- Ensuring that immigrants are included in active labour market programmes can enable them to make a quick transition into employment (OECD, 2012; OECD, 2014b).
- More generally, there is a need to ensure that new arrivals are eventually able to move freely across different EU countries. This should help to increase the longer-term supply-side benefits of the new arrivals.
- Employment protection legislation (EPL) may affect the ability of refugees to enter the labour force and find employment and also the extent of their participation in the informal economy. Some countries, including Germany and Austria, have been proactive in addressing labour market access concerns for refugees (OECD, 2015e).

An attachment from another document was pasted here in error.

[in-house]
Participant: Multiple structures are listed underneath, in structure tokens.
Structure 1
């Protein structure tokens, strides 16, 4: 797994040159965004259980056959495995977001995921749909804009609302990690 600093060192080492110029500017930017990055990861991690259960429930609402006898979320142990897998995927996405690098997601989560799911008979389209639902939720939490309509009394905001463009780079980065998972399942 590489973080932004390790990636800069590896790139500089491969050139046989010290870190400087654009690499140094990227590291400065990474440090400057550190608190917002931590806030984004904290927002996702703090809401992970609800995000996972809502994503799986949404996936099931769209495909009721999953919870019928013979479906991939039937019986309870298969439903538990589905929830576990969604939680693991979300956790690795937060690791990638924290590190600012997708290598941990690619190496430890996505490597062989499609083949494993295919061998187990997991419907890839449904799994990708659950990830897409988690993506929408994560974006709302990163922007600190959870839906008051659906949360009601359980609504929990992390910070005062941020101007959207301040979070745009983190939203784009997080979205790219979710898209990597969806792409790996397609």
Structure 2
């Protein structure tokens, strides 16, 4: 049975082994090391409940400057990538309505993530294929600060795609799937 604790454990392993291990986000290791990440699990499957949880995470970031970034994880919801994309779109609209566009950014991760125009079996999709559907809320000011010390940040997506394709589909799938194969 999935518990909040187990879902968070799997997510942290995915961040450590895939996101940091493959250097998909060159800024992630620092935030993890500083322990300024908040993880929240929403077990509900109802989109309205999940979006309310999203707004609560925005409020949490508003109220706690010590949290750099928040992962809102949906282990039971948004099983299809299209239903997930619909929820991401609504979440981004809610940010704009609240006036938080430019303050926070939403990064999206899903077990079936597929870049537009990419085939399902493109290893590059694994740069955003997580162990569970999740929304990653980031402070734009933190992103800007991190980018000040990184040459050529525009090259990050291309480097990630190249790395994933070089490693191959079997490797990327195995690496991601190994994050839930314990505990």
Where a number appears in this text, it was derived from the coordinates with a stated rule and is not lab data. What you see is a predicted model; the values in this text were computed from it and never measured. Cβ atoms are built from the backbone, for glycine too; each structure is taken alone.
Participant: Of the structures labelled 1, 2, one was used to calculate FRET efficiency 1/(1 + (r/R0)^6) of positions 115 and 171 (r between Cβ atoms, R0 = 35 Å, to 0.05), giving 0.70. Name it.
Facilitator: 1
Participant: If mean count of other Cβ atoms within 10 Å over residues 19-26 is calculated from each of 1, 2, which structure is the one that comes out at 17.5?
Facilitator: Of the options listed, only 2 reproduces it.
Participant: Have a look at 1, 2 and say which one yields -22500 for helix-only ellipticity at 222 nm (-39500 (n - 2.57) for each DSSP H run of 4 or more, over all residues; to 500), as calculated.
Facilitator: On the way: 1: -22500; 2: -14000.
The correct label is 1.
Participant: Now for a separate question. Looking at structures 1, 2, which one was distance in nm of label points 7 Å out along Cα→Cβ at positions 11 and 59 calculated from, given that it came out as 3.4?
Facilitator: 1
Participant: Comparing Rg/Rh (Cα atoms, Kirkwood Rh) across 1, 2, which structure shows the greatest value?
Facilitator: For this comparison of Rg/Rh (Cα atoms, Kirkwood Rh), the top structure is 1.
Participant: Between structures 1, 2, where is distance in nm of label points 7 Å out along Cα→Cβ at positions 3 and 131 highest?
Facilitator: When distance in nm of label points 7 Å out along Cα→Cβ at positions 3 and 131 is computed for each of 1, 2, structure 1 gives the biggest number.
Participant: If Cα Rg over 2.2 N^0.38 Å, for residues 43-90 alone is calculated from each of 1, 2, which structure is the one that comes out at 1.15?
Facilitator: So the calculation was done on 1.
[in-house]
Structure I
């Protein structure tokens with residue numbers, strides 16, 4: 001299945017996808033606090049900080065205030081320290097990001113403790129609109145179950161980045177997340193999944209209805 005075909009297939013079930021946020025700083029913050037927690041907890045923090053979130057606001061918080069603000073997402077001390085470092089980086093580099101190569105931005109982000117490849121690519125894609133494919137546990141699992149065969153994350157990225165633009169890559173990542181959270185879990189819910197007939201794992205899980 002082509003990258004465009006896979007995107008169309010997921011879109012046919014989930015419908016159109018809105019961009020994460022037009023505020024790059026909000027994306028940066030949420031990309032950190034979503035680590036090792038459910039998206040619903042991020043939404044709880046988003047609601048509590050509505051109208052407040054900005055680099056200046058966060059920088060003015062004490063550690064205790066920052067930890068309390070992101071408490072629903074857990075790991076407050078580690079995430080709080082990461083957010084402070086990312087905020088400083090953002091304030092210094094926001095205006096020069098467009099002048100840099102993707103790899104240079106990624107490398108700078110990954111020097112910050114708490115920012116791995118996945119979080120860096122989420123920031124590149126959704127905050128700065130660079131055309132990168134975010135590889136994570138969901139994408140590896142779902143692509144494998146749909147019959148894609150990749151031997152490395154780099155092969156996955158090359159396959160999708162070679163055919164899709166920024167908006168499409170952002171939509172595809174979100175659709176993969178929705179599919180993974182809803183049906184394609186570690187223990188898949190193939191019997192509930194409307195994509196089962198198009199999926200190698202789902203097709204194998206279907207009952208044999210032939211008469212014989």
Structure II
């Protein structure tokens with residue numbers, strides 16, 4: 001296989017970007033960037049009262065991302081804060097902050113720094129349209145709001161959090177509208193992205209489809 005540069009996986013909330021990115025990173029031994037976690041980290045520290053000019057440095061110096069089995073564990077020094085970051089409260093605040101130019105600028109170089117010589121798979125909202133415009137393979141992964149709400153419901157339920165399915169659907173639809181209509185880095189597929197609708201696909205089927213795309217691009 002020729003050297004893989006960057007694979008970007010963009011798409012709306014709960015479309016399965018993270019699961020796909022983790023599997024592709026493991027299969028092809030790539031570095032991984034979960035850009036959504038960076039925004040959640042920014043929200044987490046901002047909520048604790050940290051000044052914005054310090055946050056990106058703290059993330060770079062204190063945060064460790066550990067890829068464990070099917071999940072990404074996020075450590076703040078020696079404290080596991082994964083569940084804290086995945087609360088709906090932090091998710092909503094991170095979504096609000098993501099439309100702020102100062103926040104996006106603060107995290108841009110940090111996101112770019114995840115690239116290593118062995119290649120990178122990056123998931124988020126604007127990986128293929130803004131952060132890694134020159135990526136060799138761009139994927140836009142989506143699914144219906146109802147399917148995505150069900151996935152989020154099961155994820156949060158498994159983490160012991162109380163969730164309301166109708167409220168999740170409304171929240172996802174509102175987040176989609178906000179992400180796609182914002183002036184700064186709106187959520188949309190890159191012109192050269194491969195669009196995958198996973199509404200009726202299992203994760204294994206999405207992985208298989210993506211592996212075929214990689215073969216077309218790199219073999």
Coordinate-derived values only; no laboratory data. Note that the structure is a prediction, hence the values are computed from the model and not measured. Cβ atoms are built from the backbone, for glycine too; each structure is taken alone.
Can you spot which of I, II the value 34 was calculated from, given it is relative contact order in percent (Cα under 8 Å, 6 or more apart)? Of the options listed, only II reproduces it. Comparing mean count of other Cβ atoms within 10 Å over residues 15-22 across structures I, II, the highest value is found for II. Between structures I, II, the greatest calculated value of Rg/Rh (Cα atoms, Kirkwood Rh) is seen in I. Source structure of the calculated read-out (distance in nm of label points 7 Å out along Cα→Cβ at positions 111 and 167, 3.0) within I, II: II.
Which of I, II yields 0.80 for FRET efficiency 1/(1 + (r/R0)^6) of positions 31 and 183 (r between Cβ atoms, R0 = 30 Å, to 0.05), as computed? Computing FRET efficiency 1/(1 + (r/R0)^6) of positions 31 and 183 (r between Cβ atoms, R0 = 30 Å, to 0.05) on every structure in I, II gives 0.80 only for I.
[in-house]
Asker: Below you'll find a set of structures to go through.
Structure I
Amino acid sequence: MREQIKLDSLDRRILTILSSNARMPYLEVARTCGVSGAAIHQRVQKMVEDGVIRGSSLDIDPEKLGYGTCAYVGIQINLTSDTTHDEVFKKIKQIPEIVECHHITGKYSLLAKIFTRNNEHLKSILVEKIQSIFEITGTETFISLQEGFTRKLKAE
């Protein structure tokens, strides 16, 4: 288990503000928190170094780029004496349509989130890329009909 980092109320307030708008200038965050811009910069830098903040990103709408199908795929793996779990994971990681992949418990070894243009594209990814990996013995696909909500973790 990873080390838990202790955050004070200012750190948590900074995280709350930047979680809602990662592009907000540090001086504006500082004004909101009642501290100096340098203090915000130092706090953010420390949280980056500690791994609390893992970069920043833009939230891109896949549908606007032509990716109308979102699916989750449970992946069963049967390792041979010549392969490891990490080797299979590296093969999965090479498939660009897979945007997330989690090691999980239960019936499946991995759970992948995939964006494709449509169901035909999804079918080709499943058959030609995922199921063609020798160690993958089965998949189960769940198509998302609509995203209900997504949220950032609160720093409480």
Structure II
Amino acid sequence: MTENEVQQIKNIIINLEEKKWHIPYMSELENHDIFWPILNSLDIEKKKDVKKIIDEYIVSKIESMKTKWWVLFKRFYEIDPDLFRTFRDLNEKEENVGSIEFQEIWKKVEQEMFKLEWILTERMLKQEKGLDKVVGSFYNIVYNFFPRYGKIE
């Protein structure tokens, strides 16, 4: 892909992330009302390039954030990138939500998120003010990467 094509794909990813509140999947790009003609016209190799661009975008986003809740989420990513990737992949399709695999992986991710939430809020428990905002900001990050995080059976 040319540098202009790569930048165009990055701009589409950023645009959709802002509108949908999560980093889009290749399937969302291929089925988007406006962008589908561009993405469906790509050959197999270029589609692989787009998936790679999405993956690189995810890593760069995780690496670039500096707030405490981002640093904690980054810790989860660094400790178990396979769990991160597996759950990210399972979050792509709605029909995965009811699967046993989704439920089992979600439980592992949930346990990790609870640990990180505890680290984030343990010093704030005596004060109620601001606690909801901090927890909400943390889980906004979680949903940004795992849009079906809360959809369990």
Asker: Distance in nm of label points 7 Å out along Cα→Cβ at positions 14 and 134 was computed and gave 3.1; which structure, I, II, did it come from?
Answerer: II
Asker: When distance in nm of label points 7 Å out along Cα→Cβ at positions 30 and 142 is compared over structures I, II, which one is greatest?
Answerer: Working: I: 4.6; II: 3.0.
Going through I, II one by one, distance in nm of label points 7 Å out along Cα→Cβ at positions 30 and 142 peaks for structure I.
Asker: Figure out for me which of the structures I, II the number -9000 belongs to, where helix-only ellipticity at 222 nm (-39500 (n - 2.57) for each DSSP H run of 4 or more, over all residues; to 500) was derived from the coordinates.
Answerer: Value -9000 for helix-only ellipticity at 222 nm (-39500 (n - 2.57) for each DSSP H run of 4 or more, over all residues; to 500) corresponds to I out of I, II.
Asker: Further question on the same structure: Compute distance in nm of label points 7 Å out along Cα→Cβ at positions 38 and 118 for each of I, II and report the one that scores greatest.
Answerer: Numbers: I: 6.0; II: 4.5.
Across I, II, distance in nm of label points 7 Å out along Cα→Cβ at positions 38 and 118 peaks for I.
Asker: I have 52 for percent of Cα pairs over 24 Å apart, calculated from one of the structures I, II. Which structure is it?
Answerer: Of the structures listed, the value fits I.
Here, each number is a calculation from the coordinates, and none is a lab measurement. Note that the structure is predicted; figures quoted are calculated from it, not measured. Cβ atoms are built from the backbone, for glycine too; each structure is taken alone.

- Product market regulation (PMR) can also affect the integration of newly arrived refugees into the labour market. More regulated product and labour markets can mean that an increase in the labour force share of immigrants weakens the employment prospects of the native population in the short- term, although this effect typically disappears in the medium-term (Jean and Jimenez, 2007).
- The sharp increase in refugees into Turkey in recent years is thought to have affected both informal and formal labour markets (Del Carpio and Wagner, 2015); refugees have displaced informal domestic workers but have pushed formal wages up through increased demand for goods and services.